In any event, petitioner's failure to raise the issue on appeal precludes collateral review. Unless petitioner can show that "there was cause for failing to raise the issue, and prejudice resulted therefrom," he is procedurally barred from raising the issue now. United States v. Pipitone, 67 F.3d 34, 38 (2d Cir.1995). Petitioner argues that the post-sentence amendment to § 1B1.3 provides cause for his failure to appeal, but this argument is unavailing. A petitioner may demonstrate cause by showing that the legal basis for the claim was not "reasonably available" to counsel at the time of the default. Bousley v. United States, 523 U.S. 614, 622, 118 S. Ct. 1604, 140 L. Ed. 2d 828 (1998). However, Application Note 1 to § 1B1.3, in effect at the time of sentencing, states that only "conduct of others in furtherance of the jointly-undertaken criminal activity that was reasonably foreseeable by the defendant" should be used in calculating the defendant's offense level. The 1992 amendment to § 1B1.3 merely moved the limiting language from the commentary to the text. Moreover, the case on which petitioner principally relies, United States v. Miranda-Ortiz, 926 F.2d 172 (2d Cir.1991), was decided nine months before his sentencing and more than a year before § 1B1.3 was amended. In Miranda-Ortiz, the Second Circuit, citing the language of Application Note 1 to *449 § 1B1.3, held that cocaine distributed by the defendant's coconspirators before he joined the conspiracy could not be included under § 1B1.3 in the absence of evidence that the defendant knew or reasonably should have known about the earlier sales. Id. at 178. Because the legal basis for petitioner's claim was reasonably available at the time of the default, the post-sentencing amendment of § 1B1.3 does not provide cause for the default.
Petitioner also argues that ineffective assistance of his trial counsel provides cause for the default. To prevail on a claim of ineffective assistance of counsel, a petitioner must show that: (1) counsel's representation fell below constitutionally acceptable standards; and (2) there is a reasonable likelihood that, but for the allegedly deficient performance, the result of the proceeding would have been different. Strickland v. Washington, 466 U.S. 668, 687, 104 S. Ct. 2052, 80 L. Ed. 2d 674 (1984). In petitioner's plea agreement, he agreed to a sentence based on 100 kilograms of cocaine. From the pre-sentence report it appears the undercover agent was prepared to testify that the $720,000 payment that petitioner attempted to make on May 15, 1990 was the down payment for a much larger purchase of cocaine negotiated by the agent and Rafael Plinio Tejada-Mejia, Guerrero's accomplice. In addition, according to the pre-sentence report, mobile phone records show 30 to 35 calls between petitioner and Tejada-Mejia on May 15, 1990. In light of this information, it is not reasonably likely that petitioner would have been sentenced on the basis of a smaller quantity of cocaine had his attorney objected to the amount at sentencing. Accordingly, petitioner's claim of ineffective assistance of counsel fails.Post-Conviction Rehabilitation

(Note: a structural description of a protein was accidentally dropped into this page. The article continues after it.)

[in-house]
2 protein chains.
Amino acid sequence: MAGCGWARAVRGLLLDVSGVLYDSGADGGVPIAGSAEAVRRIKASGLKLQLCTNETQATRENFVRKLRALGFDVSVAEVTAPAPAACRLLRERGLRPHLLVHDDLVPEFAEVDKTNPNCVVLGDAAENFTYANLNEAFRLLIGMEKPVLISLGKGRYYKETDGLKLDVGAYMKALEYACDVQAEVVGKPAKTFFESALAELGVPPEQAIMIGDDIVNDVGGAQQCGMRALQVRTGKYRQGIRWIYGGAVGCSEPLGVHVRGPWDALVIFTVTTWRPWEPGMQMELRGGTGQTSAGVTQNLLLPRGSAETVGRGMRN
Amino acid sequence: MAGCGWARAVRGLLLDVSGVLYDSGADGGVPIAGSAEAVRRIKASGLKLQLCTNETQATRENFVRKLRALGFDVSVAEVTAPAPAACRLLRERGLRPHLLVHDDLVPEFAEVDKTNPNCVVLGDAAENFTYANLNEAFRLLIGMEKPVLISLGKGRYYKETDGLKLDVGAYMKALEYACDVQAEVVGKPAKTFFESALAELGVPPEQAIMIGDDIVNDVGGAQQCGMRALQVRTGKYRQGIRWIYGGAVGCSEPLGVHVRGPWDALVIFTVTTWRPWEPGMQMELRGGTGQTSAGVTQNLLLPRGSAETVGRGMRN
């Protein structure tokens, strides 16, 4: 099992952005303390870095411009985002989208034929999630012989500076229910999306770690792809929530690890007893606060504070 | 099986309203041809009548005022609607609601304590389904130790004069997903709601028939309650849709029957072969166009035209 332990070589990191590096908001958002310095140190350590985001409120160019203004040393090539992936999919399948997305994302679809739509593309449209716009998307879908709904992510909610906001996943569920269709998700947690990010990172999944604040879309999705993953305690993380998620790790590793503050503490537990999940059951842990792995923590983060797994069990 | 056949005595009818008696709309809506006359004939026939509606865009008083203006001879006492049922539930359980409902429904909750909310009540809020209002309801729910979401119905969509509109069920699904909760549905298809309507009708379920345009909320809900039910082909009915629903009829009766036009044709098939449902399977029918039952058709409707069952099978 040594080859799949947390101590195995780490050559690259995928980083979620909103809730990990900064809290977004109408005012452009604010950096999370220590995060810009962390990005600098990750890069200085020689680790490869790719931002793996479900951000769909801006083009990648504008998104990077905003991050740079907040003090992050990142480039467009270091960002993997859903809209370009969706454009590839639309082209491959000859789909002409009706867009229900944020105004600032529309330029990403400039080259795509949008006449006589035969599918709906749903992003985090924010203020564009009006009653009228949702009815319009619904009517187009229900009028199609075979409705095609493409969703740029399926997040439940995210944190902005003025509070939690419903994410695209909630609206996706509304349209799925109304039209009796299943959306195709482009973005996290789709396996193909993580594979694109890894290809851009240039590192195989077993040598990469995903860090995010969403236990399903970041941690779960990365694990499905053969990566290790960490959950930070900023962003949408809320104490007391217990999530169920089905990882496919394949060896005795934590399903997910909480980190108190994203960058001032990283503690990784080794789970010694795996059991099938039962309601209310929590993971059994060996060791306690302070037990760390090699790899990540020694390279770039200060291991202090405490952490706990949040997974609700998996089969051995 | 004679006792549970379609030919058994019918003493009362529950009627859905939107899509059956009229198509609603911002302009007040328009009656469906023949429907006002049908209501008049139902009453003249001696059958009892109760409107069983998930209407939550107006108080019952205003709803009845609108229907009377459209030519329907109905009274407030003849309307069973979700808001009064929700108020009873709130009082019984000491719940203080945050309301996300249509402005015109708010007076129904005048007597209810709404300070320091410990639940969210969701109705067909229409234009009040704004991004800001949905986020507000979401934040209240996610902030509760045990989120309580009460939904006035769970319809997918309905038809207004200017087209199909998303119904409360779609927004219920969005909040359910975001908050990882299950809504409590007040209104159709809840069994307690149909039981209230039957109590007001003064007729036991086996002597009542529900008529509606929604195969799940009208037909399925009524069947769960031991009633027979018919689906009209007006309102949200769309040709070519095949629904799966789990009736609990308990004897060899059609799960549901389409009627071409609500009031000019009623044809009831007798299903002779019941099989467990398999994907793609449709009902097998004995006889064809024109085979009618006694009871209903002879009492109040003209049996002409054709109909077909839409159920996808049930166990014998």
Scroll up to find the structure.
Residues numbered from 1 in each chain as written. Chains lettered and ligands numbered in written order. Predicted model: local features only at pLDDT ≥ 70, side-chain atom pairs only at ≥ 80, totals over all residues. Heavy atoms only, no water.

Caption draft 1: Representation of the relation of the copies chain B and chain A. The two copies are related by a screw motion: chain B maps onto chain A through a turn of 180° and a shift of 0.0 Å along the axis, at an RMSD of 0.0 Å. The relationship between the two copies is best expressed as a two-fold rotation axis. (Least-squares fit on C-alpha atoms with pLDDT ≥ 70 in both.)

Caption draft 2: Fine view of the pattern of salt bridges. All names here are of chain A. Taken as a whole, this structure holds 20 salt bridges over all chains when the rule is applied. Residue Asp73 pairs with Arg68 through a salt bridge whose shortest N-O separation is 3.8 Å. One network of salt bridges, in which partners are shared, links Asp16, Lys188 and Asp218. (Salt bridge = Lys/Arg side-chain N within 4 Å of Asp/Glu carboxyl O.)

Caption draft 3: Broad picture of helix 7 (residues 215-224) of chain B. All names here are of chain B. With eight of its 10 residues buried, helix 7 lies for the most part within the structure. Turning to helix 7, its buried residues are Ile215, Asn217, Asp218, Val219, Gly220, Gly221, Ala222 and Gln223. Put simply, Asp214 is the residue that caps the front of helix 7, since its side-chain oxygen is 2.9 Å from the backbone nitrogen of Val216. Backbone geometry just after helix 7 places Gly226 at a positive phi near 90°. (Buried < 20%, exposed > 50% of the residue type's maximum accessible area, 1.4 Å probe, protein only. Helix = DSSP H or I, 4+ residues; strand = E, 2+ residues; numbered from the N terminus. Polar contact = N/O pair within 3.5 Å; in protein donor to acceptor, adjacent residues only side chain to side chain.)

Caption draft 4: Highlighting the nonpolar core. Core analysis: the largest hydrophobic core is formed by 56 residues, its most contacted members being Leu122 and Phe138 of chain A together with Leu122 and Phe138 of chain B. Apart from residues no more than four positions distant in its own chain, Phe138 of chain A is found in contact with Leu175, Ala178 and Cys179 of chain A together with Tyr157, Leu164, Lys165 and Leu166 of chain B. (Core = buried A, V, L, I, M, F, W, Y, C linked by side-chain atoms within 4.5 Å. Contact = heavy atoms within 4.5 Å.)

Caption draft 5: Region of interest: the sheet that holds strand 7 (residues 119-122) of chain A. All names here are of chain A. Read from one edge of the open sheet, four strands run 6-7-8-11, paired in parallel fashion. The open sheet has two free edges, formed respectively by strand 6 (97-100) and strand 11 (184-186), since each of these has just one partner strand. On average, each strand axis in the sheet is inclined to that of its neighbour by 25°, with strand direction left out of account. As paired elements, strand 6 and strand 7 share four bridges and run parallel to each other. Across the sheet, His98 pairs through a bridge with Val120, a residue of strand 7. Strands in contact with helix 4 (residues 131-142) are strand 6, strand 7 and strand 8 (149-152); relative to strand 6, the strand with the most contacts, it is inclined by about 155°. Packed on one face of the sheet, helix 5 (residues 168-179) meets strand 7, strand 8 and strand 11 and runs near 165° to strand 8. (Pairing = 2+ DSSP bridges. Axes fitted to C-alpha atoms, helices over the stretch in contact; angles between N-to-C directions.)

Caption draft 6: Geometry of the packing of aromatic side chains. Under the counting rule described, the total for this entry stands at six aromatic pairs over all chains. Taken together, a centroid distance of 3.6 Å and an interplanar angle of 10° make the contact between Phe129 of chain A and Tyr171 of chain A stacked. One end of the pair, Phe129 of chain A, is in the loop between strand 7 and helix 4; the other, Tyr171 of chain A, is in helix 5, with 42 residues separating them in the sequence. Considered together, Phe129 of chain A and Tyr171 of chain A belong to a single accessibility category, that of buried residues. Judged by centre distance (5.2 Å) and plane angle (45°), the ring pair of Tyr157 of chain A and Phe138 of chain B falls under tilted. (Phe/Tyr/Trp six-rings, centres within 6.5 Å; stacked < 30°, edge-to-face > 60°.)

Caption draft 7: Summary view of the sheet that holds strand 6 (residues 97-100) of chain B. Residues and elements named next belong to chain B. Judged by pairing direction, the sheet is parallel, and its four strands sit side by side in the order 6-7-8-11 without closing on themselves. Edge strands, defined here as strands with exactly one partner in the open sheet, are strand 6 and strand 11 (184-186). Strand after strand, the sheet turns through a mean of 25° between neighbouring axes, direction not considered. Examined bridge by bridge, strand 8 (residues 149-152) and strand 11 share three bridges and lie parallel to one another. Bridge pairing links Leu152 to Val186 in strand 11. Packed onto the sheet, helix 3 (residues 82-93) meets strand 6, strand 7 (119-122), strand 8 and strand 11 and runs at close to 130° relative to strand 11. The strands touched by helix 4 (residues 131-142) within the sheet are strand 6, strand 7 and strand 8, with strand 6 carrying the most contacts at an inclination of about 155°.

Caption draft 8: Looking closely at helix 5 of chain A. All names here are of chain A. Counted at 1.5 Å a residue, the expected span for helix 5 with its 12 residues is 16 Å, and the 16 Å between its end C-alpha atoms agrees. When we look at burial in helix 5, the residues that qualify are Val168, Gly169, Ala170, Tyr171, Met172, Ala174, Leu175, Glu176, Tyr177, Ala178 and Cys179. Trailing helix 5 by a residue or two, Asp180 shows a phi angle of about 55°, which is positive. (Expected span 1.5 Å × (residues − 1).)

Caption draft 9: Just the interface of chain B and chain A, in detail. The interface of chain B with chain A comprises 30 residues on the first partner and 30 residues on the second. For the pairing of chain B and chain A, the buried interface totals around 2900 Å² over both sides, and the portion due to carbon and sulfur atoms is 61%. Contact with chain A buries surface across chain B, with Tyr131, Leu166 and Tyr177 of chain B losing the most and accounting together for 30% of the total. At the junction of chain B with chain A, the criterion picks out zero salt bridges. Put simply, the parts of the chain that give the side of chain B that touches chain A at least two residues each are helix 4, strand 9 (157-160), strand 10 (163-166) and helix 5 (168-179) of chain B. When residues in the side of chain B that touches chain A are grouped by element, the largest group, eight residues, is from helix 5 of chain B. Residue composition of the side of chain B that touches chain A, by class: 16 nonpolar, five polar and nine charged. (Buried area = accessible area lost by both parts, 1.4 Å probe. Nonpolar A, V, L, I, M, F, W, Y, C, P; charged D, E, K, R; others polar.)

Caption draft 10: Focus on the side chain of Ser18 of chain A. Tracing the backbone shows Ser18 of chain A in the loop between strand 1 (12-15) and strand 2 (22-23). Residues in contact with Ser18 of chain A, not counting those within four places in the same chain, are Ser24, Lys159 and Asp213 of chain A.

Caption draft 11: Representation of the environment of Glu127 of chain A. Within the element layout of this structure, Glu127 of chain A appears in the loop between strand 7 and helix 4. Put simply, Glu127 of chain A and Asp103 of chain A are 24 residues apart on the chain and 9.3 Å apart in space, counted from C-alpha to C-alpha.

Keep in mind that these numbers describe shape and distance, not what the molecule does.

Petitioner has also made a "Supplemental Motion For Downward Departure Based On Petitioner's Post-Offense Rehabilitation," in which he seeks a reduction of his sentence on the basis of in-prison rehabilitation after conviction and sentencing. While petitioner does not identify the statutory authority for the motion, modification of a sentence already imposed is ordinarily sought under 18 U.S.C. § 3582(c). That provision allows a defendant to move for a reduction of his sentence when he was sentenced on the basis of a sentencing range that has been subsequently lowered by the Sentencing Commission. Under § 3582(c), however, "post-sentence rehabilitation is not by itself a ground for modifying a sentence that has been lawfully imposed." United States v. Barahona, 132 F. Supp. 2d 255 (S.D.N.Y.2001).
For the foregoing reasons, petitioner's motions are denied.